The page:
Euro in 2009

So things are still going slightly insane in the UK – today the news that Barclays’ shares have leapt up by 40% after they released an open letter to investors showing how they are in fact experiencing continued health in the relative disaster that is the UK banking sector. Good news for them (and for the investors) but what is happening over with our European cousins?

The author has been less than kind to some of our peers across the pond – see past blog posts – but let’s be serious for a moment and focus on the currency over there. They have so far been enjoying strength in the wake of the ECB’s reluctance to cut rates. While central banks such as the Bank of England and the Federal Reserve Bank have been slashing rates so far that they are almost unable to go any further, in Europe this has not been the case. So you get the strange situation where the Euro suddenly soars…and yet is the only currency doing so. What that means is that exporters get a lot less interest from foreign investors – in Germany they have had to cut production which has driven unemployment up further.  Currency exchange will be fascinating as confidence in the Euro begins to fall.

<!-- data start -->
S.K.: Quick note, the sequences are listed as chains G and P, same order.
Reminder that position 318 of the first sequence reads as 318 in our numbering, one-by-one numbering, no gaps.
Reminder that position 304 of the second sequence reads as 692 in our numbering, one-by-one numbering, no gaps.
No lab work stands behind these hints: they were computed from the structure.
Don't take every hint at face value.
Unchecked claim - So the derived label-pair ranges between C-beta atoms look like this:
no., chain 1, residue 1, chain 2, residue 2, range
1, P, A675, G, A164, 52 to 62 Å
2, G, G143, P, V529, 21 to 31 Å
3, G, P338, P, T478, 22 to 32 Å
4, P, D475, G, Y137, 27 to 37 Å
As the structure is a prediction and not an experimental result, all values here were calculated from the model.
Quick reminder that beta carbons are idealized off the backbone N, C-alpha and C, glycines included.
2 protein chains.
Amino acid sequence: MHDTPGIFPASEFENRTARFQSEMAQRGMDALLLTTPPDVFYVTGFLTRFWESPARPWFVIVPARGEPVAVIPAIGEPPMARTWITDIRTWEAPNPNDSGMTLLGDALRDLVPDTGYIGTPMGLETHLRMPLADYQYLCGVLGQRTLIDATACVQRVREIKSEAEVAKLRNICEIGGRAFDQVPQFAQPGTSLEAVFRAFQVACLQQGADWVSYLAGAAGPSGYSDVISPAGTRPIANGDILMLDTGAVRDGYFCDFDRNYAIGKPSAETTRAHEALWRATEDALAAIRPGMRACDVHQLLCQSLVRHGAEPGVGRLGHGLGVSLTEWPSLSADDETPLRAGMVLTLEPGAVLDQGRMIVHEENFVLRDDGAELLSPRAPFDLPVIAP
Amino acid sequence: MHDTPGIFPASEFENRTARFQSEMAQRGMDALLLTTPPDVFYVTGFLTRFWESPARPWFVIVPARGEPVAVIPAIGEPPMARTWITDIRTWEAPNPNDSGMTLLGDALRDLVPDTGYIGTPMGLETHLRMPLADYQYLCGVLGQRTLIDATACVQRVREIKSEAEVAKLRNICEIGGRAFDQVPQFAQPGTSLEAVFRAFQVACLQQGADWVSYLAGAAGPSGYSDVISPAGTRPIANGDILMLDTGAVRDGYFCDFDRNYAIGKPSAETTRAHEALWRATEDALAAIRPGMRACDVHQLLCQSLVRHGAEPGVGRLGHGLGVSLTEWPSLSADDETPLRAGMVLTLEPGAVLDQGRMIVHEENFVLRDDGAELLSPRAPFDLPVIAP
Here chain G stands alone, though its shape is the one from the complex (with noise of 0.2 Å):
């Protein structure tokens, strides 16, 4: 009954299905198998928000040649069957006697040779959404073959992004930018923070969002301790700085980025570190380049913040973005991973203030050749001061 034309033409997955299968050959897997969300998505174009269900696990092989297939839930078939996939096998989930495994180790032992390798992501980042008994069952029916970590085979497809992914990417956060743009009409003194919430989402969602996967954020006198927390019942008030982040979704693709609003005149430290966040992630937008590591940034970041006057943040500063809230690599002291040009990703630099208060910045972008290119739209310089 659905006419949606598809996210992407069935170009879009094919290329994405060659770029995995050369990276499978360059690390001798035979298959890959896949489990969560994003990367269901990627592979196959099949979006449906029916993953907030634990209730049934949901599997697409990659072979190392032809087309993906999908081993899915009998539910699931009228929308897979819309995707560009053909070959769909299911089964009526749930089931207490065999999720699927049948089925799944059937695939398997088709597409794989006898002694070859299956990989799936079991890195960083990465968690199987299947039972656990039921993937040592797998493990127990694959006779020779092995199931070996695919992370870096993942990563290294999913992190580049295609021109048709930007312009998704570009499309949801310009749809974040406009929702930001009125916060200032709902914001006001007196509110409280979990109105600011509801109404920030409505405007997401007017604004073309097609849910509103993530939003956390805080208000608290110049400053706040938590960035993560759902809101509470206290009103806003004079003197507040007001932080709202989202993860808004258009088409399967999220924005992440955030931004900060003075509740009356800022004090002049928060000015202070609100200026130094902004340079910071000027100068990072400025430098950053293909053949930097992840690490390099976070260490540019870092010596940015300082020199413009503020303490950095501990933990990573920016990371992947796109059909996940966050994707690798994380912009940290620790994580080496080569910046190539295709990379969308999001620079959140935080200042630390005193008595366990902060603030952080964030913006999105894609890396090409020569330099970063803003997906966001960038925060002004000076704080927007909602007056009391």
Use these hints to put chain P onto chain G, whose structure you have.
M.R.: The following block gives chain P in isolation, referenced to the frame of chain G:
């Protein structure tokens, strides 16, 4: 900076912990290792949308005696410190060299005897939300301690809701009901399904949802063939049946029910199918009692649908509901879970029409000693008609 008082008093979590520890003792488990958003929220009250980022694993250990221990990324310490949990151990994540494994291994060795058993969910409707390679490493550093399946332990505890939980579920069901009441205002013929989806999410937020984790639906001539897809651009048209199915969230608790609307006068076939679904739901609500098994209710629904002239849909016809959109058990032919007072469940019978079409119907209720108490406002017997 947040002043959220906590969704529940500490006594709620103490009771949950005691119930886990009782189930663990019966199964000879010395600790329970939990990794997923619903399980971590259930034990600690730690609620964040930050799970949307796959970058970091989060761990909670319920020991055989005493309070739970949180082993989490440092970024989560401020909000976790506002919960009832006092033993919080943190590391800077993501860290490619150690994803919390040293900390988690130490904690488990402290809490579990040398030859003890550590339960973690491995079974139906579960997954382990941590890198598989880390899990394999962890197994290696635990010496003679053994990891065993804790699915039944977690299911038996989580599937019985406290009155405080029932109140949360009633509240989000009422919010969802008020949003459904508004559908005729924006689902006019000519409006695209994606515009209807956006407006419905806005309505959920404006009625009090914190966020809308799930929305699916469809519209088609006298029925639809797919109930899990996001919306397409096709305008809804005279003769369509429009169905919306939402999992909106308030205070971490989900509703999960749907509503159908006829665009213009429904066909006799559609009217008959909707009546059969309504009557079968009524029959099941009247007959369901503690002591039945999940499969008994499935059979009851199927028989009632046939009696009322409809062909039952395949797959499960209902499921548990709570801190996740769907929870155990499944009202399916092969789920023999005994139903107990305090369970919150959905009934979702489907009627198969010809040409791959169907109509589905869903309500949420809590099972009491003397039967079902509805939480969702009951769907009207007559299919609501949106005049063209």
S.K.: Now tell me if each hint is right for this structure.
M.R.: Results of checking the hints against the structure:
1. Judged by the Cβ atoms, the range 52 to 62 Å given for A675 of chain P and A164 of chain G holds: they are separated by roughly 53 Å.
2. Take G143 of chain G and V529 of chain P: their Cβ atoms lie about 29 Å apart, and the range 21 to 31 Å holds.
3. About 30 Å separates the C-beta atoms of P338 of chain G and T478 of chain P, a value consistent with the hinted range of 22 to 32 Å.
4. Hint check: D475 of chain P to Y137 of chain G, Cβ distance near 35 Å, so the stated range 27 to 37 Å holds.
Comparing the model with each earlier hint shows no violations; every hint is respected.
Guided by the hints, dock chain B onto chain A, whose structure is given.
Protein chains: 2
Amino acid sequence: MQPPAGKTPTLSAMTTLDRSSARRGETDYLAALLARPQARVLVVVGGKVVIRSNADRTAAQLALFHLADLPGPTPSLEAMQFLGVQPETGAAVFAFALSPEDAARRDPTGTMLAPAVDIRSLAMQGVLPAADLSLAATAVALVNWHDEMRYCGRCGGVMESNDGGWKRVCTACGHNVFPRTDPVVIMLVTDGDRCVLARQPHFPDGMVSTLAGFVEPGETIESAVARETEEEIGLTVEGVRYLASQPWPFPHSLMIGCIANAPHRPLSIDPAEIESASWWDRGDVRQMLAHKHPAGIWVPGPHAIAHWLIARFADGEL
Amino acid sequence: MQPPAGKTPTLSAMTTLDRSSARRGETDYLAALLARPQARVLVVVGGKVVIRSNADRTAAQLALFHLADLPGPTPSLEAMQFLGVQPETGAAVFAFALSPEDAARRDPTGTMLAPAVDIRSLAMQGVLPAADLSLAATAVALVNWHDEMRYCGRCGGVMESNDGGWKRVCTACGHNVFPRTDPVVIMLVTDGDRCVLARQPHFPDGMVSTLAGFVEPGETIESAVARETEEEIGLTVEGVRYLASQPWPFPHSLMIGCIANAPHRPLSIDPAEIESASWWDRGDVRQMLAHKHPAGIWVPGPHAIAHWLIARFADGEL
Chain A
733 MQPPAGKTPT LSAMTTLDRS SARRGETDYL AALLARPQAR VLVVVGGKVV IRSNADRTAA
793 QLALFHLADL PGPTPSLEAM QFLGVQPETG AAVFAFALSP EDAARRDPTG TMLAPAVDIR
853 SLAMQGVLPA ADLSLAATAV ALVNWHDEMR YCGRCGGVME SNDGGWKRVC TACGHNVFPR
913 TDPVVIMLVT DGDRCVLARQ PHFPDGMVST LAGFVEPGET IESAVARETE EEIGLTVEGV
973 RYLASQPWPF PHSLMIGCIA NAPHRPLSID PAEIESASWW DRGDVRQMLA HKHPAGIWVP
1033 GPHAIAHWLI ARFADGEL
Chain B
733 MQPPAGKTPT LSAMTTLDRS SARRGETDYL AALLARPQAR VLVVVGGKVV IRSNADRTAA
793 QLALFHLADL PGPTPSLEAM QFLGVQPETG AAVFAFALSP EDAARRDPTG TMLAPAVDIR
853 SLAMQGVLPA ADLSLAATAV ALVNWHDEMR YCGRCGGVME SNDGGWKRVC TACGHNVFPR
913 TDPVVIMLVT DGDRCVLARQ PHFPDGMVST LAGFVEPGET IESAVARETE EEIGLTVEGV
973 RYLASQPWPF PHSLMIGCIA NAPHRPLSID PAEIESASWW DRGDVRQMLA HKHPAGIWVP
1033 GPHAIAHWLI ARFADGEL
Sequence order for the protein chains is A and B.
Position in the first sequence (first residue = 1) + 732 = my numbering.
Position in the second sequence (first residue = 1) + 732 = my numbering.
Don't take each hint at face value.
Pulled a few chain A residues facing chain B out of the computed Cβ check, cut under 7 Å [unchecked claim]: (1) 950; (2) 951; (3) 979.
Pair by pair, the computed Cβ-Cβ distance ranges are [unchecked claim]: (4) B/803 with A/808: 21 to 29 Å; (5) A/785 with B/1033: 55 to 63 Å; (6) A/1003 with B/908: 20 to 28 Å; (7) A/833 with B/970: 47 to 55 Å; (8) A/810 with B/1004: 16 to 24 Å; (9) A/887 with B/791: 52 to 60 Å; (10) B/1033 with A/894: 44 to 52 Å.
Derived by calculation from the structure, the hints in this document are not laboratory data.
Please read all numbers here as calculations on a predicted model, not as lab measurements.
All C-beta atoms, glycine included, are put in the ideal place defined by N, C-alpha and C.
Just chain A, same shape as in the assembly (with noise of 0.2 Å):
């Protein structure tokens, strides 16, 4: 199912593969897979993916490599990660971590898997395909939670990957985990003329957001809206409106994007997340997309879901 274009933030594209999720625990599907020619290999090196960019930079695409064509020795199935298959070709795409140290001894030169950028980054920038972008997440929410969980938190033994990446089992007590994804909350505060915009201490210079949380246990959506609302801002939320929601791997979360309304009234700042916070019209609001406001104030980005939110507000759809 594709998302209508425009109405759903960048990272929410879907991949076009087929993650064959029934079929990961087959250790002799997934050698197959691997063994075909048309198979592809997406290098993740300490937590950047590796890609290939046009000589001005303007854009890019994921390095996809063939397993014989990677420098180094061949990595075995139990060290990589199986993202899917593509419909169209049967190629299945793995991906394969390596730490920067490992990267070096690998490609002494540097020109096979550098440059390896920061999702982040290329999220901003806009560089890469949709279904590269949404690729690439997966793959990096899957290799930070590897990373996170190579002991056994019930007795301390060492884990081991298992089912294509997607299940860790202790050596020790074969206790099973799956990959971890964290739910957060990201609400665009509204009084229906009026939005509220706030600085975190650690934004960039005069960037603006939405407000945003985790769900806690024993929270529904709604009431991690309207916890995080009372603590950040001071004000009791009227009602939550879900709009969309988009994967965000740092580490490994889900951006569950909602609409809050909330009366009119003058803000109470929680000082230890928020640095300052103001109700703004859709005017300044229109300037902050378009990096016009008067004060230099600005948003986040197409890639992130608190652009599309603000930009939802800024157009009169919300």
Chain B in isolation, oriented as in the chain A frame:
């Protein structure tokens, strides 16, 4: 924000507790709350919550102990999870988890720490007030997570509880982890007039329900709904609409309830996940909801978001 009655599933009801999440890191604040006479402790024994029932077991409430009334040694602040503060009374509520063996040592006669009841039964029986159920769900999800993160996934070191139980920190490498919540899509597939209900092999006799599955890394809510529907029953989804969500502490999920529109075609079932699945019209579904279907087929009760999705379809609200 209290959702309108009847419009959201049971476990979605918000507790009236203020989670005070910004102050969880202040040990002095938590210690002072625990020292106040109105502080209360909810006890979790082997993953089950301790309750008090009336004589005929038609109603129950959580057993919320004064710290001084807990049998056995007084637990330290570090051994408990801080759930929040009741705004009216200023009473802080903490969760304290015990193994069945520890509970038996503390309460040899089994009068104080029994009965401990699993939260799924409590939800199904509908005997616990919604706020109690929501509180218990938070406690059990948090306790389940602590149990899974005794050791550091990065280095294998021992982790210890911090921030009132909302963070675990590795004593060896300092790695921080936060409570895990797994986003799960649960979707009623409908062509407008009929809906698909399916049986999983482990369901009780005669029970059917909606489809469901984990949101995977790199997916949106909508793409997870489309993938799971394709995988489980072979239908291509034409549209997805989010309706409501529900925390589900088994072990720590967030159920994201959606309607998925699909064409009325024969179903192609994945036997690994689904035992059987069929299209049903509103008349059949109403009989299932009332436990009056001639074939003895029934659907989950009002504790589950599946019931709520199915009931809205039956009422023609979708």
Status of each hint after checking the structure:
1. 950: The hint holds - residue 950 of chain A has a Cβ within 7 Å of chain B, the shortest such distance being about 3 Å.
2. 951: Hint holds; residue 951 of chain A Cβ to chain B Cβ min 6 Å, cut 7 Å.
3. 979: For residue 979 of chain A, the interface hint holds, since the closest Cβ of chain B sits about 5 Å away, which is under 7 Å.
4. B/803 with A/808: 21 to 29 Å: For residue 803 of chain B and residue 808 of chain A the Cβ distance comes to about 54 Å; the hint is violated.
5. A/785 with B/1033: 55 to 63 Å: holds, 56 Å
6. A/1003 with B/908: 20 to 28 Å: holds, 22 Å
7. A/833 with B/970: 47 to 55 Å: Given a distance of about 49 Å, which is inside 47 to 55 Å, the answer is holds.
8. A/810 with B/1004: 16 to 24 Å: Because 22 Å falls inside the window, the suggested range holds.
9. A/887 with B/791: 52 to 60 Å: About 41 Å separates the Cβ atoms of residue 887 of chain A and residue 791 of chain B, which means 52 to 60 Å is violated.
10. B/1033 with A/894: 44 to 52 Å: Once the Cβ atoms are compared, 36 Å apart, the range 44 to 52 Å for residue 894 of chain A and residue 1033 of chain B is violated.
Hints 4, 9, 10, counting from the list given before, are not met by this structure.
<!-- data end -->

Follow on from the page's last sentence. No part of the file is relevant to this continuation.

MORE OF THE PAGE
So in 2009 the ECB will be forced to cut those rates and this will coincide with the other central banks having eased up on this. The Euro will be a lone giant, sitting amongst the rubble of the world recession, having to pick itself up alone. Not ideal given that the world could do with a bit of fraternity in these times. Barack Obama said it, and Gordon Brown followed suit – we need one another to get out of this crisis. The Eurozone has isolated itself and might suffer the consequences. Interesting times.

Explore posts in the same categories: Barack Obama, Economy, Finance, News

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